By Lonnie Burstein Hewitt
Last September, the La Jolla Playhouse kicked off its outside-the-box WoW (Without Walls) program with the hugely successful “Susurrus,” an audio play in San Diego Botanic Garden.
This month, WoW No. 2 takes over a Playhouse parking lot with “The Car Plays,” a collection of intimate 10-minute pieces that will keep viewers carhopping, vehicle to vehicle, with all the action taking place just a seat away from the audience of two.
“The Car Plays” is the creation of Paul Stein, former artistic director of Moving Arts, a small theater company in Los Angeles that performs in assorted venues. Motivated by the loss of their downtown theater space, he came up with the idea of performing inside parked cars, a nice touch for a venue-challenged troupe in a car-obsessed culture.
The event previewed in 2006, won a two-year grant in 2007, and was featured at the Radar LA Festival of contemporary theater last June and Costa Mesa’s Off-Center Festival last month.
For “The Car Plays: San Diego,” the Playhouse commissioned four new pieces by UCSD-MFA playwriting students, asking them to create plays with local settings to add to the Moving Arts mix. They also invited seven local directors to step into the drivers’ seats.
Though the plays are all short-shorts, their subjects are far from skimpy. Themes include family conflicts, couples’ issues, sex, loss, secrets, drinking, and loneliness, not to mention dogs’-eye-views of life and a strange encounter with La Jolla’s seals.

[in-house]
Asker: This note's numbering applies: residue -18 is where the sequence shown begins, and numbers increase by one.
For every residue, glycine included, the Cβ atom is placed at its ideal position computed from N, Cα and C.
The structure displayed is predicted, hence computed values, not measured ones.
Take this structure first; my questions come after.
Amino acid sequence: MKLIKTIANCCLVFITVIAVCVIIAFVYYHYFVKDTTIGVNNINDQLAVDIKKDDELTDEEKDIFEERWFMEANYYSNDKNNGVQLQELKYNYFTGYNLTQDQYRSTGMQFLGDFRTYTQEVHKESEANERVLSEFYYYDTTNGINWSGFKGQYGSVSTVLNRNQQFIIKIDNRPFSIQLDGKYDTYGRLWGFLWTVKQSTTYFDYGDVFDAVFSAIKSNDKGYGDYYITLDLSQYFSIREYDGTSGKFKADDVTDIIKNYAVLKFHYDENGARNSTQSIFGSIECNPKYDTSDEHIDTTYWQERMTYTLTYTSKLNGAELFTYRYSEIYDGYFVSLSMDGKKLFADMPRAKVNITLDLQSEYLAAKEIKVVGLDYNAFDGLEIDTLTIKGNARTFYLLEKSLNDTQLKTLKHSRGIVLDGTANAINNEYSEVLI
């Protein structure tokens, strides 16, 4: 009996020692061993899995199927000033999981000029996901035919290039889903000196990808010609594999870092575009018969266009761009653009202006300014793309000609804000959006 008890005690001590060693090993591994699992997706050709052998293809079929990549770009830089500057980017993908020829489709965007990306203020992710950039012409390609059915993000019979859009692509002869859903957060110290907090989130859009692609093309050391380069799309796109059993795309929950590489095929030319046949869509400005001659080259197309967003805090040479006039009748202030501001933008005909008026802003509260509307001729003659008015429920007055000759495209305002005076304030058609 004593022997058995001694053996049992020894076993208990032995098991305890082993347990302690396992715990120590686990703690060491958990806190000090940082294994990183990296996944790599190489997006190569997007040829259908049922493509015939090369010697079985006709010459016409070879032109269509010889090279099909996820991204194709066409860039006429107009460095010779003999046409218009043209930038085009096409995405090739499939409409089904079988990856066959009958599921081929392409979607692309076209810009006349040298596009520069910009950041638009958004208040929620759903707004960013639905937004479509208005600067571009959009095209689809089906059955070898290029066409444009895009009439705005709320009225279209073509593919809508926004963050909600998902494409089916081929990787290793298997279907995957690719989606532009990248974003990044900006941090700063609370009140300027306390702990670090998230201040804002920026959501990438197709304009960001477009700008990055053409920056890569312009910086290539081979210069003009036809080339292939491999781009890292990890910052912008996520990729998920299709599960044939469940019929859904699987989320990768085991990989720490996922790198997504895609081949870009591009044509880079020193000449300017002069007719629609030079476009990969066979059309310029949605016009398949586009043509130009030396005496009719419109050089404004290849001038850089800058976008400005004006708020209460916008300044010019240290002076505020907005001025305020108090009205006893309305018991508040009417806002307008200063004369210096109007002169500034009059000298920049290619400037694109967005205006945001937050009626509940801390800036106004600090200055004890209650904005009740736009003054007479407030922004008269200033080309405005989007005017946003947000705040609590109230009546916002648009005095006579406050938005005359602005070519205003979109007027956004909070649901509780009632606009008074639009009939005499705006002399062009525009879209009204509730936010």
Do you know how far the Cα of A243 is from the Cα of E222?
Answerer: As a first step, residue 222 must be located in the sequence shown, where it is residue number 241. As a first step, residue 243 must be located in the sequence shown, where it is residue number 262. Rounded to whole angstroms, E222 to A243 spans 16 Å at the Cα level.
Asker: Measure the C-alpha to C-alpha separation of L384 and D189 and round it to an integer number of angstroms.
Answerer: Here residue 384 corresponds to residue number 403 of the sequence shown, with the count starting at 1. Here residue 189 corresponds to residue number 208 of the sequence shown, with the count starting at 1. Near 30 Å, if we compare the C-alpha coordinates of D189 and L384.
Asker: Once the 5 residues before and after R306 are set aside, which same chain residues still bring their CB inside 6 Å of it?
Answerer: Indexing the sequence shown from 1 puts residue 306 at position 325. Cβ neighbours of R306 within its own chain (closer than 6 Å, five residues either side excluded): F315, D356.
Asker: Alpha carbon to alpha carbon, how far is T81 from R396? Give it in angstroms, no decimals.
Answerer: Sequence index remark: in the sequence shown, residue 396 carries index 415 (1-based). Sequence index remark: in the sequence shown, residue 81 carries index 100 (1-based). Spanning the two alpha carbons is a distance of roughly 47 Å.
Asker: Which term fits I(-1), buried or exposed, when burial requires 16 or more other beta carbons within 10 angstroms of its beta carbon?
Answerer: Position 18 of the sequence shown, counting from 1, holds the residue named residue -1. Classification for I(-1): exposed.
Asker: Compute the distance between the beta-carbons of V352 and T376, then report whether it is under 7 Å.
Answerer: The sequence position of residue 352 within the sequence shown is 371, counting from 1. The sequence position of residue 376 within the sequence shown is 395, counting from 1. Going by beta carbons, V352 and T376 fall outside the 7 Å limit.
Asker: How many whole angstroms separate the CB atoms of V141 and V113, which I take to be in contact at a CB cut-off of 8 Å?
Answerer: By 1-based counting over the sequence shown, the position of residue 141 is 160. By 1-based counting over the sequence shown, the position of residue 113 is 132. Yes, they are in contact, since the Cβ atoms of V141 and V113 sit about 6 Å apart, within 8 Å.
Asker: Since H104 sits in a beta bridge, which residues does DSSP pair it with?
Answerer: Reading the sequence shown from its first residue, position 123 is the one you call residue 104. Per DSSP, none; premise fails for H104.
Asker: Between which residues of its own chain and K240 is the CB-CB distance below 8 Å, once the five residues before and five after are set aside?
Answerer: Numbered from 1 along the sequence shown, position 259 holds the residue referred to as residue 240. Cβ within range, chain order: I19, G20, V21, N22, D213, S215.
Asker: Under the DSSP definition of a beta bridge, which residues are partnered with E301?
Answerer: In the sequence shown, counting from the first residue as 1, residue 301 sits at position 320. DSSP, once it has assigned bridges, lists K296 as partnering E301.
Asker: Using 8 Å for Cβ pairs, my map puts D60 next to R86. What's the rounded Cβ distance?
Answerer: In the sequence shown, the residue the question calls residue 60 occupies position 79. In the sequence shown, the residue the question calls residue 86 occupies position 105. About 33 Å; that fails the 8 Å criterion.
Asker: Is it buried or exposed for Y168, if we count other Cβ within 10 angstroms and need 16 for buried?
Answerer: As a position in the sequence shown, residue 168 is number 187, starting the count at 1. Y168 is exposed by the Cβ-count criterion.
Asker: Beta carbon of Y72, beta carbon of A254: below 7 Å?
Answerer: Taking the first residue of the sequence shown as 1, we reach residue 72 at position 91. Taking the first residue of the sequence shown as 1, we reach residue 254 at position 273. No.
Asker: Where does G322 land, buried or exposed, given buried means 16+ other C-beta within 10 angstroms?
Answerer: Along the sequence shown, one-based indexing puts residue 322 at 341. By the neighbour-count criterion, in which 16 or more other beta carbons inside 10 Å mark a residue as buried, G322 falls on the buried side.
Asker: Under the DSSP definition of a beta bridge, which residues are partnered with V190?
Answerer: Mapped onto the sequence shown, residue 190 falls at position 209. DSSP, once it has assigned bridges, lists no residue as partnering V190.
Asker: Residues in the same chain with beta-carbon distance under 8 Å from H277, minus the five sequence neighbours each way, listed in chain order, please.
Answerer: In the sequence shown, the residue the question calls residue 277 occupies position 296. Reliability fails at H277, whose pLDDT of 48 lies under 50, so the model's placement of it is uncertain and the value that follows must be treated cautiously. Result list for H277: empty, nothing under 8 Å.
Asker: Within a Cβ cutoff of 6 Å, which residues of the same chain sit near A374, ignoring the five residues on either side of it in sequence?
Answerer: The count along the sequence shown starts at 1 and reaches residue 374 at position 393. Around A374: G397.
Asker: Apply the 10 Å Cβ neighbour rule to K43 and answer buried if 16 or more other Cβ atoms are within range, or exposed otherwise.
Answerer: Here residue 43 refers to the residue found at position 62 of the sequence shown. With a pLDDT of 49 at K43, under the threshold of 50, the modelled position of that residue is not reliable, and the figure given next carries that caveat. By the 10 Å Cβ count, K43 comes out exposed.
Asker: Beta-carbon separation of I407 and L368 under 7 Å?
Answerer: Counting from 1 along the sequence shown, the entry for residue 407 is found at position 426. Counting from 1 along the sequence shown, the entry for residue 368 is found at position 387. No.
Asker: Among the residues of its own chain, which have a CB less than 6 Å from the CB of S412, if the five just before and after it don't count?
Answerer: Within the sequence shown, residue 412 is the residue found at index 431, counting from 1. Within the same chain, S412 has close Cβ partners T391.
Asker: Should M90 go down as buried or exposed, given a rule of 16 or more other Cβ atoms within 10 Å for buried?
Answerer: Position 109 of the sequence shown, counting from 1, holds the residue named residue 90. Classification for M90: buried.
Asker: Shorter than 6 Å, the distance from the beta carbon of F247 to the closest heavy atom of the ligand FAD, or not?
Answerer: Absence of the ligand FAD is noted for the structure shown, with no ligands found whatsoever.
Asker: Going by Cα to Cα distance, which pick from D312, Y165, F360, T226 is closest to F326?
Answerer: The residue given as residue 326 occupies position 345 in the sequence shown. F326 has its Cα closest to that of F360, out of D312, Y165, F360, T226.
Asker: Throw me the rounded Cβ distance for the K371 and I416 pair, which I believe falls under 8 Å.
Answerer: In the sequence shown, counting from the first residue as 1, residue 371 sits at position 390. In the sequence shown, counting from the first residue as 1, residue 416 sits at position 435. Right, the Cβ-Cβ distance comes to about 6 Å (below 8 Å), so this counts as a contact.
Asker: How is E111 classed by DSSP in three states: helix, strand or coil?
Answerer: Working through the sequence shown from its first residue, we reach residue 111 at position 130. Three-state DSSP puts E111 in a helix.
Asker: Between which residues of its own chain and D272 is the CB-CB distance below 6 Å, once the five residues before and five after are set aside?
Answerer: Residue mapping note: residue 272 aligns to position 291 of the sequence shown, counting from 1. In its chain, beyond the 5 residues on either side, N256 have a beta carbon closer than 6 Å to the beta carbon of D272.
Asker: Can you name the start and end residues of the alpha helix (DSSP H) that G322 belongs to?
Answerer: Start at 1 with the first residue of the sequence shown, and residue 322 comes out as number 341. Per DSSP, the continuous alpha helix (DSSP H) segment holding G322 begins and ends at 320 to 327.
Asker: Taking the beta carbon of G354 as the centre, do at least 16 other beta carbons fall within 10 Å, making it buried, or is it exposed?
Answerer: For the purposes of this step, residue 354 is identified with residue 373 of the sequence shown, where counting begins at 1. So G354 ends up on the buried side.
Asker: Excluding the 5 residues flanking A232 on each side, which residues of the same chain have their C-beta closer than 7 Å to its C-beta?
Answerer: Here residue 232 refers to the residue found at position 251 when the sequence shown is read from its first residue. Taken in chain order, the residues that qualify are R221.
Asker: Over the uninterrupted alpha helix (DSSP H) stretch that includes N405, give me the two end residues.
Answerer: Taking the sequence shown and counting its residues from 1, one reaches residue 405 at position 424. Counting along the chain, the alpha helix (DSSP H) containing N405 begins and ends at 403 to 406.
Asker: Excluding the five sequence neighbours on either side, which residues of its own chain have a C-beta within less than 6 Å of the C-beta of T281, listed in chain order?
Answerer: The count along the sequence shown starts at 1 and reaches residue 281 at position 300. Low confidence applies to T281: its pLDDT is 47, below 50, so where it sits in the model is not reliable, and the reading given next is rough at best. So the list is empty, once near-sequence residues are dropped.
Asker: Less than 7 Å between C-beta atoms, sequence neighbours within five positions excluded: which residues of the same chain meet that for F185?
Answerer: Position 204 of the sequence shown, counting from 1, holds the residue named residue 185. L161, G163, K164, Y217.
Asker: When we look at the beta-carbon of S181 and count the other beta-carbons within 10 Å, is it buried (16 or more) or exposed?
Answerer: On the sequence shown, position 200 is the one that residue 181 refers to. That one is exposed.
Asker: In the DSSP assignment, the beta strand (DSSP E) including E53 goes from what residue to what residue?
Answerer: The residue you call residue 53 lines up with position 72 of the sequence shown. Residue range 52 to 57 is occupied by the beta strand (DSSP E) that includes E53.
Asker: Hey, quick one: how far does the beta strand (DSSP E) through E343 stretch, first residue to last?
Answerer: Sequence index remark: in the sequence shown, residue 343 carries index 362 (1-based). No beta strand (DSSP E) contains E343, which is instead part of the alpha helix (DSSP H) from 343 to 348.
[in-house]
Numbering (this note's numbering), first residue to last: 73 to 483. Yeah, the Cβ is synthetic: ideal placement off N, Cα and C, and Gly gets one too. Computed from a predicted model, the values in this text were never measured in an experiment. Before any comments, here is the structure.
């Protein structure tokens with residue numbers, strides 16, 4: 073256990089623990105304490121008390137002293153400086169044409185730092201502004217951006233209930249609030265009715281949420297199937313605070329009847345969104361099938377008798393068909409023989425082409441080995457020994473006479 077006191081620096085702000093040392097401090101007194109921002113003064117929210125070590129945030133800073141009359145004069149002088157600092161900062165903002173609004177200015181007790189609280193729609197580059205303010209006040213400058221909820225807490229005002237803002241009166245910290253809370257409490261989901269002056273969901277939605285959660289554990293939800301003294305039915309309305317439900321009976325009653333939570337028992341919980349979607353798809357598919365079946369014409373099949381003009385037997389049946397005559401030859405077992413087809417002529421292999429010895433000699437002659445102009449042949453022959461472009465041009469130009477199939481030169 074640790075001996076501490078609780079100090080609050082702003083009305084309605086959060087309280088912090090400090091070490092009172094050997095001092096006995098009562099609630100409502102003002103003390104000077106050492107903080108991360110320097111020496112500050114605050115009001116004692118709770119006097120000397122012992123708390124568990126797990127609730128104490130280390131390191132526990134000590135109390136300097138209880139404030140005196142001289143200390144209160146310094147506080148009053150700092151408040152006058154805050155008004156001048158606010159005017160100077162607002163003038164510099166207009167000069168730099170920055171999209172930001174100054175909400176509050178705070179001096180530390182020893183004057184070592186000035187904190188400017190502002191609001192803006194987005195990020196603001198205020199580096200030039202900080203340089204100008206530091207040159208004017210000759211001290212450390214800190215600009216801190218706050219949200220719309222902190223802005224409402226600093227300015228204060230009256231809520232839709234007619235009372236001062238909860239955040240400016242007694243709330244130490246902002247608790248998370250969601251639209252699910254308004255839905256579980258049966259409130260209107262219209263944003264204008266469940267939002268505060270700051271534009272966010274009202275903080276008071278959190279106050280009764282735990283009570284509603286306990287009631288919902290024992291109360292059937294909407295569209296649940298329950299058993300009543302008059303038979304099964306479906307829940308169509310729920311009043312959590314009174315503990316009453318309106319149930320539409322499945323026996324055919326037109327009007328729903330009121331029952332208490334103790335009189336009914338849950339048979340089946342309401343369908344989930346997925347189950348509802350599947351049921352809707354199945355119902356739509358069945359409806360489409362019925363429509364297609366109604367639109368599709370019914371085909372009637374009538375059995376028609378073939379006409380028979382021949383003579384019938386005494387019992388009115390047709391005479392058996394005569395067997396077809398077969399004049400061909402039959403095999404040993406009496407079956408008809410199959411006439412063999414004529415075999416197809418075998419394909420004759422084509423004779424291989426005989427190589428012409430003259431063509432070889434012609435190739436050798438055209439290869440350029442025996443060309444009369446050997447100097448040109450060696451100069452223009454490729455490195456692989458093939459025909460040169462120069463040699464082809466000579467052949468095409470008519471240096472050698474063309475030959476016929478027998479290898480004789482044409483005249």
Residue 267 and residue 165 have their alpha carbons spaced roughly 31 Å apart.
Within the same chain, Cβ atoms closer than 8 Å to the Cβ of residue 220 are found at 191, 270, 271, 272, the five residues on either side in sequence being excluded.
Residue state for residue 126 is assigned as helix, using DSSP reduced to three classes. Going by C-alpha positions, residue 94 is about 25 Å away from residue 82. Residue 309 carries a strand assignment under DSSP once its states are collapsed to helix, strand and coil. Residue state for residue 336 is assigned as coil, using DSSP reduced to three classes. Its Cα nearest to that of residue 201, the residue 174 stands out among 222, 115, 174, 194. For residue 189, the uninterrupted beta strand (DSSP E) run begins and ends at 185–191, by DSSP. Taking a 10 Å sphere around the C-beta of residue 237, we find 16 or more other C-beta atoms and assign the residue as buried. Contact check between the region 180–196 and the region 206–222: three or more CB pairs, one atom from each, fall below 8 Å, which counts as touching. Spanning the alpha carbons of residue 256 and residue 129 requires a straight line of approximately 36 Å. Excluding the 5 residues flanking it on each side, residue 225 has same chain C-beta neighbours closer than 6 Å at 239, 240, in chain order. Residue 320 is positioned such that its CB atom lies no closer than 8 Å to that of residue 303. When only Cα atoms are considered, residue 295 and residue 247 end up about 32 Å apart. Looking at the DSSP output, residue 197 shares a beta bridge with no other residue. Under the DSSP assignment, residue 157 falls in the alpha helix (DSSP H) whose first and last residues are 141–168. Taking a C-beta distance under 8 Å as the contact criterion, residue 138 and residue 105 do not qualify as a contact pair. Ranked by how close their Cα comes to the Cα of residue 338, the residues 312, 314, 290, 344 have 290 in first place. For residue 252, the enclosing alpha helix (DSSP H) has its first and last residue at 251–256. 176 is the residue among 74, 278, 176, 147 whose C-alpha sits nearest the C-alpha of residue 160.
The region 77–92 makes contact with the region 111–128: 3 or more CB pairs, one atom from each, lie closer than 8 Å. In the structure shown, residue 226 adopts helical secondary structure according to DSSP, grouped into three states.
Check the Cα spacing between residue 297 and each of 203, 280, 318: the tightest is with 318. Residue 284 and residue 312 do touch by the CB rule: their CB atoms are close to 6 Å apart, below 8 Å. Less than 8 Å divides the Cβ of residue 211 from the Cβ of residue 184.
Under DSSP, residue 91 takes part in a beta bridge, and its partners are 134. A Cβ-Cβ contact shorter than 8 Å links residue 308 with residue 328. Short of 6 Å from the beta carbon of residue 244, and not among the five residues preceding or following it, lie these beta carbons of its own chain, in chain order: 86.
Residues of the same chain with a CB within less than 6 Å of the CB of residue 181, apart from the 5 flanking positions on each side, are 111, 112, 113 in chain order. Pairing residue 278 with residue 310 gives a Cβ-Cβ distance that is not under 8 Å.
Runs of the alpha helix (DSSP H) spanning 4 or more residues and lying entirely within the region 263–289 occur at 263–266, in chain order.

Lisa Rose Kaplan (UCSD-MFA 2008) who now teaches playwriting at UCSB, wrote the seal play, “Selkies.”
“Part of my writing process was taking walks by the water,” she said. “And the seals always seemed so peaceful and magical, so I thought that would be a good place to start.”
“Car Plays” creator Paul Stein, who will act as artistic producer here, shows off his comedy-writing chops in “Disneyland,” and his more serious side as director of “Dead Battery.” Both are solo performances; Stein, who now works for Comedy Central, also directs a lot of solo shows.
About “Car Plays,” he said: “It’s almost like an amusement park meets live theater. The actors do each play five times an hour, 15 times a night — 20 on Saturday and Sunday! And audience members seem to really embrace the chance to watch actors at close range. Sometimes they talk back to the actors and join in the show.”
There are 15 plays in all; one ticket gives you access to a row of five, what Paul Stein calls “the full palette,” including a drama, a comedy, a thriller, at least one local playwright, and a seat change.
Come park at the Playhouse and be part of “The Car Plays.” It’s certain to be a moving experience.
If you go
What: ‘The Car Plays: San Diego’
5:30 and 8:30 p.m. Thursday, Friday;
3, 4:30, 7 and 8:30 p.m. Saturday, Sunday;
Feb. 23-March 4
La Jolla Playhouse, 2910 La Jolla Village Drive, UCSD campus